- The short text that accompanies the pictures in the “Top lists” mentioned above could be used for introducing language and/or helping pupils develop strategies for working out the meaning of new words.
This website also has infographics which are ideal for use with KS5 classes, although some like this one on fast food could easily be used at KS3 and KS4 as well.
Sites that have statistics relating to France include Statistique publique and Insee, although neither of these present the information in quite such a user friendly way as Statista.de….
February 10, 2013
This week I’m planning to do some paper cutting activities with the Chinese club I run. This traditional handicraft is particularly associated with festivals such as Chinese New Year (celebrated today), both as gifts and as decorations. As ever I will show a video first and there are any number to choose from; this one from Hello China gives some information about the origins of paper cutting and the cultural significance of them.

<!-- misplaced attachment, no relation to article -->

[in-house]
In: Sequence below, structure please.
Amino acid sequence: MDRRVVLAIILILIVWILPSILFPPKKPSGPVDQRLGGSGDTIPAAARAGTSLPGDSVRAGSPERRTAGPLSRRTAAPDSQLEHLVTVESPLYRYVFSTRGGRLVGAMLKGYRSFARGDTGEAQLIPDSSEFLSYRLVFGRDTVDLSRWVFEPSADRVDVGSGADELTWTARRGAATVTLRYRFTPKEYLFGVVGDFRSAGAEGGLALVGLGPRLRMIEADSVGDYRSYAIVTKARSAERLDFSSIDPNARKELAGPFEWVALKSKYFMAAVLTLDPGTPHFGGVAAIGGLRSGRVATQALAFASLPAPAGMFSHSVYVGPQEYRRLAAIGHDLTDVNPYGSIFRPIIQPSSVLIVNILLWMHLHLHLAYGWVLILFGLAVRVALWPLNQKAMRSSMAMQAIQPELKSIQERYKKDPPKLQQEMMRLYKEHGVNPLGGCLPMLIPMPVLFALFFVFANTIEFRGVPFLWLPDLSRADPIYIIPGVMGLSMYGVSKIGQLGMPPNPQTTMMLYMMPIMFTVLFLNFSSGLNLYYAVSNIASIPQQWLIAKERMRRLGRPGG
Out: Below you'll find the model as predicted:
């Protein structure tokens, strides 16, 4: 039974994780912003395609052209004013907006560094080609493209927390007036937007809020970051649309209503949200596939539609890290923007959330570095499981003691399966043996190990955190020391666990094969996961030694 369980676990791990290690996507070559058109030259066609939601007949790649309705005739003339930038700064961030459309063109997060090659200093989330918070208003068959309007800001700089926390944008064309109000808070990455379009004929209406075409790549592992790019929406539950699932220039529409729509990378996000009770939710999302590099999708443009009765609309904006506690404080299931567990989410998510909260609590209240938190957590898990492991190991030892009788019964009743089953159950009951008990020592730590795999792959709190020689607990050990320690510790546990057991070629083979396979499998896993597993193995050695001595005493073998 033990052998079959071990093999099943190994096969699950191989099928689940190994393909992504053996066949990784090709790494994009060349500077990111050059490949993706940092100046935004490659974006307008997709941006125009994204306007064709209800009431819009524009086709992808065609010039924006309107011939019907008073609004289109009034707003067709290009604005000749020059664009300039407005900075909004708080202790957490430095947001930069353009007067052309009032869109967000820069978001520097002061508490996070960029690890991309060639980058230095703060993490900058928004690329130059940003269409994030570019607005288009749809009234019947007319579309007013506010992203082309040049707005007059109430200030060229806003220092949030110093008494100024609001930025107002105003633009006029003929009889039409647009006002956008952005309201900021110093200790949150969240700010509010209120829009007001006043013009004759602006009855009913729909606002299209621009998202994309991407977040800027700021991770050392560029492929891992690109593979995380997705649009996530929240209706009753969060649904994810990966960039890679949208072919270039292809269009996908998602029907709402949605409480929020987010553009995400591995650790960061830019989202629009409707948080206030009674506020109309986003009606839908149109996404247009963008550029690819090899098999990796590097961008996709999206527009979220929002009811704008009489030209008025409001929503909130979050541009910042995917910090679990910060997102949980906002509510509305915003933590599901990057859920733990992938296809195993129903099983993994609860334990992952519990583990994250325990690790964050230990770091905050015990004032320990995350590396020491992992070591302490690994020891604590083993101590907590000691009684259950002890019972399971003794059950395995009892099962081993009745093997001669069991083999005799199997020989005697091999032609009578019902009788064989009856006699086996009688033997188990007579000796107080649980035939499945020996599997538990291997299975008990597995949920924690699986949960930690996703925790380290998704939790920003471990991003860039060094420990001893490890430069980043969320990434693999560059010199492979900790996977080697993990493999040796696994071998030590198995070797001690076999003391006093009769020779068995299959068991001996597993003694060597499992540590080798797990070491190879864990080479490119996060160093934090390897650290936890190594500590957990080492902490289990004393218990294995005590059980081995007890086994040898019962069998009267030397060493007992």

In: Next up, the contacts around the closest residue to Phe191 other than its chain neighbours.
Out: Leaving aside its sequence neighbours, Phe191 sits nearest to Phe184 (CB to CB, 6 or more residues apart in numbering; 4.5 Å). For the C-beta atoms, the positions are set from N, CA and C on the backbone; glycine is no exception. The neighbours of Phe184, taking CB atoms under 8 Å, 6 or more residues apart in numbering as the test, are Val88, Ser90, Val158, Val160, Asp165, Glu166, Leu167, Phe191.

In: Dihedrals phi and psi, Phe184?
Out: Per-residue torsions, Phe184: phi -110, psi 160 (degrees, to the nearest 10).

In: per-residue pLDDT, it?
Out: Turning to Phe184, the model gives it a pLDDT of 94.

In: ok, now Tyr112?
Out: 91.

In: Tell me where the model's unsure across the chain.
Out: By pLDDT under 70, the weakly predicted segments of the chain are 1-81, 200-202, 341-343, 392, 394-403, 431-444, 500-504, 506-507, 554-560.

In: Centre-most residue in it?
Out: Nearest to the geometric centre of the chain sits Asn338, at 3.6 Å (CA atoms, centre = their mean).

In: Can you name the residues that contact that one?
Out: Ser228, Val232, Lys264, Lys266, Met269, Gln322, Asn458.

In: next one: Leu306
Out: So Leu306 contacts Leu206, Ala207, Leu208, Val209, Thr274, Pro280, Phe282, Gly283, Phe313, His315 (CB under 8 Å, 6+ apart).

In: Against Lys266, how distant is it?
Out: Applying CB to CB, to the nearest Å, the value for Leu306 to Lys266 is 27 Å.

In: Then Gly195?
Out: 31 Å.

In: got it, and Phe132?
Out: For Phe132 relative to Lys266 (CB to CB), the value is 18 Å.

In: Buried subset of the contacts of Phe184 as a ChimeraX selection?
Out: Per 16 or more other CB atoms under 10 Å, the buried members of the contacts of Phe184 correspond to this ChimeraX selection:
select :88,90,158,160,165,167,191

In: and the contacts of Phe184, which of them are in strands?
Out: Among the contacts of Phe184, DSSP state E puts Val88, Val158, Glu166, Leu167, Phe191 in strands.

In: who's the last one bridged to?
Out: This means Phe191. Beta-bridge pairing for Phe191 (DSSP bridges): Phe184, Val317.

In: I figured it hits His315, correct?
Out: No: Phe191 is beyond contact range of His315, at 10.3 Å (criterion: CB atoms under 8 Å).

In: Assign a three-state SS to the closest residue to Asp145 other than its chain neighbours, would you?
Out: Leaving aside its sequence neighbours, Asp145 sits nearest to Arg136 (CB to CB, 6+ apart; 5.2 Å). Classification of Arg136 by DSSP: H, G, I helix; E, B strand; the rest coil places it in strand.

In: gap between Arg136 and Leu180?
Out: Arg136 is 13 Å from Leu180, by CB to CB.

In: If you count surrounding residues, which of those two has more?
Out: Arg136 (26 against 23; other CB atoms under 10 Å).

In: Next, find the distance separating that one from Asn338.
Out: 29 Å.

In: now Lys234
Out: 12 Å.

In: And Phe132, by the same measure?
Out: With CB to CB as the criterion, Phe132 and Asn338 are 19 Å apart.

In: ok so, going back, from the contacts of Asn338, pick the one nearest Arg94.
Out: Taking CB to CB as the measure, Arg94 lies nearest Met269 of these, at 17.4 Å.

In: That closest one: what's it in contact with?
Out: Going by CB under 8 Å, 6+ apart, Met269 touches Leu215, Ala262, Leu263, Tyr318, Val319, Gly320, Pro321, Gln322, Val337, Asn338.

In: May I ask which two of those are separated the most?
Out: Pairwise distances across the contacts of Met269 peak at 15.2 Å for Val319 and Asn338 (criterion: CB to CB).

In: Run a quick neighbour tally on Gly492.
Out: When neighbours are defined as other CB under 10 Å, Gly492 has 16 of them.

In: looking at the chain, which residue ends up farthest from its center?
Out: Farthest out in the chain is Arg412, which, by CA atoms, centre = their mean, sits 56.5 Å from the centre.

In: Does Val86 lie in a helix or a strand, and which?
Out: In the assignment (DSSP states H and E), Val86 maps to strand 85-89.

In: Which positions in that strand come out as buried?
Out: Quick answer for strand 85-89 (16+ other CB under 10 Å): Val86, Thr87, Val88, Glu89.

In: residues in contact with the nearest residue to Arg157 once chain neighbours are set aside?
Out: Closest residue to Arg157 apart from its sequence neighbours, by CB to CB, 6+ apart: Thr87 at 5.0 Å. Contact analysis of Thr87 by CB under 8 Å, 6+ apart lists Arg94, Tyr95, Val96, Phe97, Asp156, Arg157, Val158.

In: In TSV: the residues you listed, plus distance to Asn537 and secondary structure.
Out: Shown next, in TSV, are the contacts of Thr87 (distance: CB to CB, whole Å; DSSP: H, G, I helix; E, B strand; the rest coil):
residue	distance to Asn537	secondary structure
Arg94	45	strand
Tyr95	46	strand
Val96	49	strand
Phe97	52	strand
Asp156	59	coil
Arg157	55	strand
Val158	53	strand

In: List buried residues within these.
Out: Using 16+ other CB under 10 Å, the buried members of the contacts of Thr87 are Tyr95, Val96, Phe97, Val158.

Then there are a range of videos on Youtube which demonstrate how to do papercutting. This one shows some beautiful examples of some paper cuts before demonstrating a very straightforward and easy pattern to follow. Chinese Papercutting HQ has a wholes series of videos starting with a general introduction to papercutting, followed by specific videos such as the basic equipment needed and simple designs to cut out, such as the classic double happiness character. For the more ambitious there is the Monkey pattern and the Butterfly pattern.
January 31, 2013